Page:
In Orbit for 50 years
A short biography by Karl-Heinz Villis
The story of the SPOTNICKS began, more or less, in the mid 50’s in Gothenborg, Sweden when two school-friends, BO CHRISTER STARANDER and BJORN THELIN (both born in 1942), teamed up to play rock and roll, then actual hits and standards. Equipped with acoustic guitars they played school parties, dances, folk-parks etc., of course, all vocal stuff. They called themselves THE REBELS.
Then, in 1957, they met a guy named BOSSE FREDRICK WINBERG (or BO WINBERG, born 1939) in a record shop, discussed music and stayed in contact. Winberg played piano and guitar and was a bit like an electronic wizard. He wanted to create electric guitar sounds but, at that time, no real electric guitars were available (or very, very expensive). So he built guitars and also amplifiers by himself, also for his new friends Starander and Thelin. He even built an electric bass-guitar by using a normal guitar, adding stronger string holders and he put bass-strings on. Another guy, OVE JOHANSSON (born 1940), came to the band and became their drummer. They continued to play parties, dances, in folk parks under different band-names.
In 1960 they taped their first (home-made recordings), first in an old plastic factory, later in Winberg’s parents’ house. It was about that time that a technician suggested the name THE SPOTNICKS just to give the band a more international name. Bo Starander changed his name, also to sound more “international”, to BOB LANDER. At that time they recorded and released a mix of vocal and instrumental songs, later instrumental songs became more and more in demand by the fans.
Their first singles were released in 1962, an unsuccessful manager (Stikkan Anderson, later of ABBA-fame) was fired and a new manager, Roland Ferneborg, took over. He started their European career by booking them for a three month stay at the “Casa Leon” dance hall in Berlin, Germany - their appearances were a mixture of being a dance-band and also a show-band. They became well-known in Berlin and many then-famous stars, bands and singers, when they had finished their own shows, visited the “Casa Leon” to see the SPOTNICKS. Nice little gimmick was the using of a radio sender in Winberg’s guitar, the receiver was connected with his amp. This allowed Winberg to leave - while playing - the hall, the building, crossing the street and drinking a beer in a pub opposite to the “Casa Leon” - all without stopping to play. Surprise, surprise.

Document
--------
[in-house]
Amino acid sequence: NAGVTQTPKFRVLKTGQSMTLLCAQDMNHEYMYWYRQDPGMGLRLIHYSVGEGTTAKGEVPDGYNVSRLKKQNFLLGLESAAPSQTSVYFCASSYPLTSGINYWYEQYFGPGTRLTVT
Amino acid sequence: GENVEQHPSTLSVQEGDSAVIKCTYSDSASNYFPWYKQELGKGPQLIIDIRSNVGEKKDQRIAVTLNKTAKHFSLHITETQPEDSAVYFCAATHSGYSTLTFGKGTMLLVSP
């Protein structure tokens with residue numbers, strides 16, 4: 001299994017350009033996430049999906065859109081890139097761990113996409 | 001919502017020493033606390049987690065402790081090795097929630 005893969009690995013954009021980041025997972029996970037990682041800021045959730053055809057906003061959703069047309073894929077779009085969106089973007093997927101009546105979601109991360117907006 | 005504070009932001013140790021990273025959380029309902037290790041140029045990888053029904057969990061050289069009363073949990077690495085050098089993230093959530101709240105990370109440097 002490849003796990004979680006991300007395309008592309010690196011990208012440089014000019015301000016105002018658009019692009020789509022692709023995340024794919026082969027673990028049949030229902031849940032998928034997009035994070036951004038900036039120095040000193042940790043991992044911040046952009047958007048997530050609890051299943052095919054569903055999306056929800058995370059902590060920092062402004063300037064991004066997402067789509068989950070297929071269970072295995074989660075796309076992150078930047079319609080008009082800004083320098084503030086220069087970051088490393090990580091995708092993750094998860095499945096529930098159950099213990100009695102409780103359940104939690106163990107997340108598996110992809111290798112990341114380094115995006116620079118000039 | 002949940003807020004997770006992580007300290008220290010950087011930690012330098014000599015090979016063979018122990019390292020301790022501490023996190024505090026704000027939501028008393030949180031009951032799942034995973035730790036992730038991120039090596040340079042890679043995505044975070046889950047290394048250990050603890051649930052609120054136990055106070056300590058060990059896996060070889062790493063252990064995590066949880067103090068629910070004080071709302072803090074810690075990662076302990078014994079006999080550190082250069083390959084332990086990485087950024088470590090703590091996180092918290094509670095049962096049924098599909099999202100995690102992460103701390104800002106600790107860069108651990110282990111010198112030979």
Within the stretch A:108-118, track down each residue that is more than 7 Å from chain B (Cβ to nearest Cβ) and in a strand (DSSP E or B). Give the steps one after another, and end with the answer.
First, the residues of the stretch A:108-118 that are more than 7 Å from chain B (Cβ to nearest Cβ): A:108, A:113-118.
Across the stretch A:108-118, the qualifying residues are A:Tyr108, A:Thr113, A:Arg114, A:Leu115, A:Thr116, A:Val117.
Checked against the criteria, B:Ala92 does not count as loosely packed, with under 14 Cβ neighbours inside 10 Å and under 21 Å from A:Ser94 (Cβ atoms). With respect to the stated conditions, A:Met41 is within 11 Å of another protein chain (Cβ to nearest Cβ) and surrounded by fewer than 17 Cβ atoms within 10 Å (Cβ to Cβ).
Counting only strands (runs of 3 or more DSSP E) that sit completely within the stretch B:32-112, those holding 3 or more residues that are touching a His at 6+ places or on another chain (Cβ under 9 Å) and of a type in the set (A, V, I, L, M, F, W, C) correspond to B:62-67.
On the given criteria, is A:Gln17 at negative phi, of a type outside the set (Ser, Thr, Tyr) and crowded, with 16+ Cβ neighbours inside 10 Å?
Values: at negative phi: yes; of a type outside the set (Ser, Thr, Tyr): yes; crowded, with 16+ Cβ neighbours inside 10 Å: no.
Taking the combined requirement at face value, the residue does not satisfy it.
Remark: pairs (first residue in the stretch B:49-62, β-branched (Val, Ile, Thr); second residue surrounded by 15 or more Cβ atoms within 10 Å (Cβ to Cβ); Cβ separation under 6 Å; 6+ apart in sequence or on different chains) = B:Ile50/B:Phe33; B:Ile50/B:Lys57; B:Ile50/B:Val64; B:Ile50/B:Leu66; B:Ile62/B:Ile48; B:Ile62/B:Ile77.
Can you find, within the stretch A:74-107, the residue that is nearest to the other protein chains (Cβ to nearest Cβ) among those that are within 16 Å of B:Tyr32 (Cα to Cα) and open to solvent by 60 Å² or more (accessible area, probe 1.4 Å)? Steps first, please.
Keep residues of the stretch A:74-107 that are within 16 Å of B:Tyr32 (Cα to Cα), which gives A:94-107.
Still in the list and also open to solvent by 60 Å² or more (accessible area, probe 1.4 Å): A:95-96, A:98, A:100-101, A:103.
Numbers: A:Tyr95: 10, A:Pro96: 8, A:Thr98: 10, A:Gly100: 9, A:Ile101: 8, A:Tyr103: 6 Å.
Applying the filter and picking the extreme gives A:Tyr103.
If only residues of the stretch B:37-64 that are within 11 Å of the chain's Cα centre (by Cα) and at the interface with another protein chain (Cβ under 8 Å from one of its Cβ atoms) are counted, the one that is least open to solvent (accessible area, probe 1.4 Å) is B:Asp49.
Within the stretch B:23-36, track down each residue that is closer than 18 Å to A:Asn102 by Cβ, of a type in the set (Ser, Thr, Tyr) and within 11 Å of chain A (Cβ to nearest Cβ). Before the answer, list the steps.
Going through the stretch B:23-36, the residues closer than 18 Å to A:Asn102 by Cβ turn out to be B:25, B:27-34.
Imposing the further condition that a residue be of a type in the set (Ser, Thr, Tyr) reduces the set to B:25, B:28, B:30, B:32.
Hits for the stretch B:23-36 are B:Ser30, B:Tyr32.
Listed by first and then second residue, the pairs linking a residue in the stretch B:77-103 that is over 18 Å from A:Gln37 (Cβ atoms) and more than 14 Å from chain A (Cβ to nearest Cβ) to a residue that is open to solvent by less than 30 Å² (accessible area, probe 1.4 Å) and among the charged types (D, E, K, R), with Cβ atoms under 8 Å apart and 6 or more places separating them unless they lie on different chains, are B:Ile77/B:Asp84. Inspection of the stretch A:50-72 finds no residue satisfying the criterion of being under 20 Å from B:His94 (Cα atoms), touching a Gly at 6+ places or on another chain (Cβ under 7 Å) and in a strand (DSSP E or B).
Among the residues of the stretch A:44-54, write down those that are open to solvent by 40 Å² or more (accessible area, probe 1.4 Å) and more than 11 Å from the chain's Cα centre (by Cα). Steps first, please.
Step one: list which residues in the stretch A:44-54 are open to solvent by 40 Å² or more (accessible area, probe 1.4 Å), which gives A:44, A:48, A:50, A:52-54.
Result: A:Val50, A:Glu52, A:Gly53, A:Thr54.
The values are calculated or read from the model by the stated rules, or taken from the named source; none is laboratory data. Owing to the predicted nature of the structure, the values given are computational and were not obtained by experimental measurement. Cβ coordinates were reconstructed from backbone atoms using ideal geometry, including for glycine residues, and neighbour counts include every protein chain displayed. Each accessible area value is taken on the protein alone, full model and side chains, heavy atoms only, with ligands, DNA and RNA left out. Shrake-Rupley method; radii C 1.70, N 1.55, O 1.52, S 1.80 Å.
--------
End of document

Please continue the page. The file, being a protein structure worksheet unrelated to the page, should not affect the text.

Their European career continued with a tour of Great Britain in September 1962 where they recorded, during a day off from playing, their first album (Out-A-Space - The Spotnicks in London) in a 17 hours long session. In England their records were released by “Oriole-Records” and a number of their records reached the British charts too. France and other countries followed in 1963, their next album (The Spotnicks in Paris) was, as the title says, recorded in Paris. While playing a rehearsal at the famous Paris “Olympia” Bo Winberg’s guitar sender reached the same frequency as the French police which resulted in some trouble(and big promotion for the band). First personal change took place too in 1963 (Ove Johansson left and was replaced by Derek Skinner) and their next album was recorded in Stockholm. Another tour of England took place but shortly before the beginning Bo Winberg became ill and was unable to play. Cancelling the tour was impossible so it was decided to take a British guitarist (Bruce Baxter) as lead guitarist. Bob Lander later explained to me: "we took our LPs, marked the songs we wanted to play and sent them to Bruce Baxter. We travelled to England a day earlier, teamed up with Baxter, locked ourselves into a rehearsal room and rehearsed the whole day through and then went on tour the next day".
Heavy European touring continued and in 1965 they became successful in Japan too which led to their first three month lasting world tour at the end of the year. Their record-output was still enourmous and successful. Further changes in the line up happened in 1965, 1967 and 1968 (see separate list of band-members) click here They were still very busy and in demand but in 1970 the band split up.
Requests for further Spotnicks-material came in from Japan and also Europe so Bo Winberg recorded an
album with a one-off band of friends and session-musicians. One of its songs, a tune called “If you could read my mind” became very successful in Germany and led to a newly formed band THE SPOTNICKS with only Bo Winberg as the only original founder member.
Heavy touring, mostly in Germany, followed, the line-up changed from time to time and the SPOTNICKS were present through the 70’, the 80’s and until 1992 when Winberg decided to retire and moved to Spain, tired of all those years of touring.
His then-band continued to tour and play, but, due to legal reasons, under the name PAPA’O because the name SPOTNICKS was owned by Winberg and his manager Ferneborg.
In 1997 Bo Winberg, bored of retirement and living far away in Spain, returned for a massive concert in Germany with his former band-mates as THE SPOTNICKS.
They celebrated their 40th Anniversary in 1998/1999 with a lot of gigs in Sweden and a fantastic ‘live’-CD simply called “LIVE 1999”. And, for their Anniversary gigs, they often brought in original founder members OVE JOHANSSON and BJÖRN THELIN, which, together with BO WINBERG and BOB LANDER, opened the concerts with a number of their old favourites.
Today, BO WINBERG and BOB LANDER still lead the band. OVE JOHANSSON took over leading their fan-club. They recorded and released about 700 songs so far.
Click here for list of Spotnicks albums
Bo Winberg, Tony Hoffman, Bob Lander
London, 9th March 2003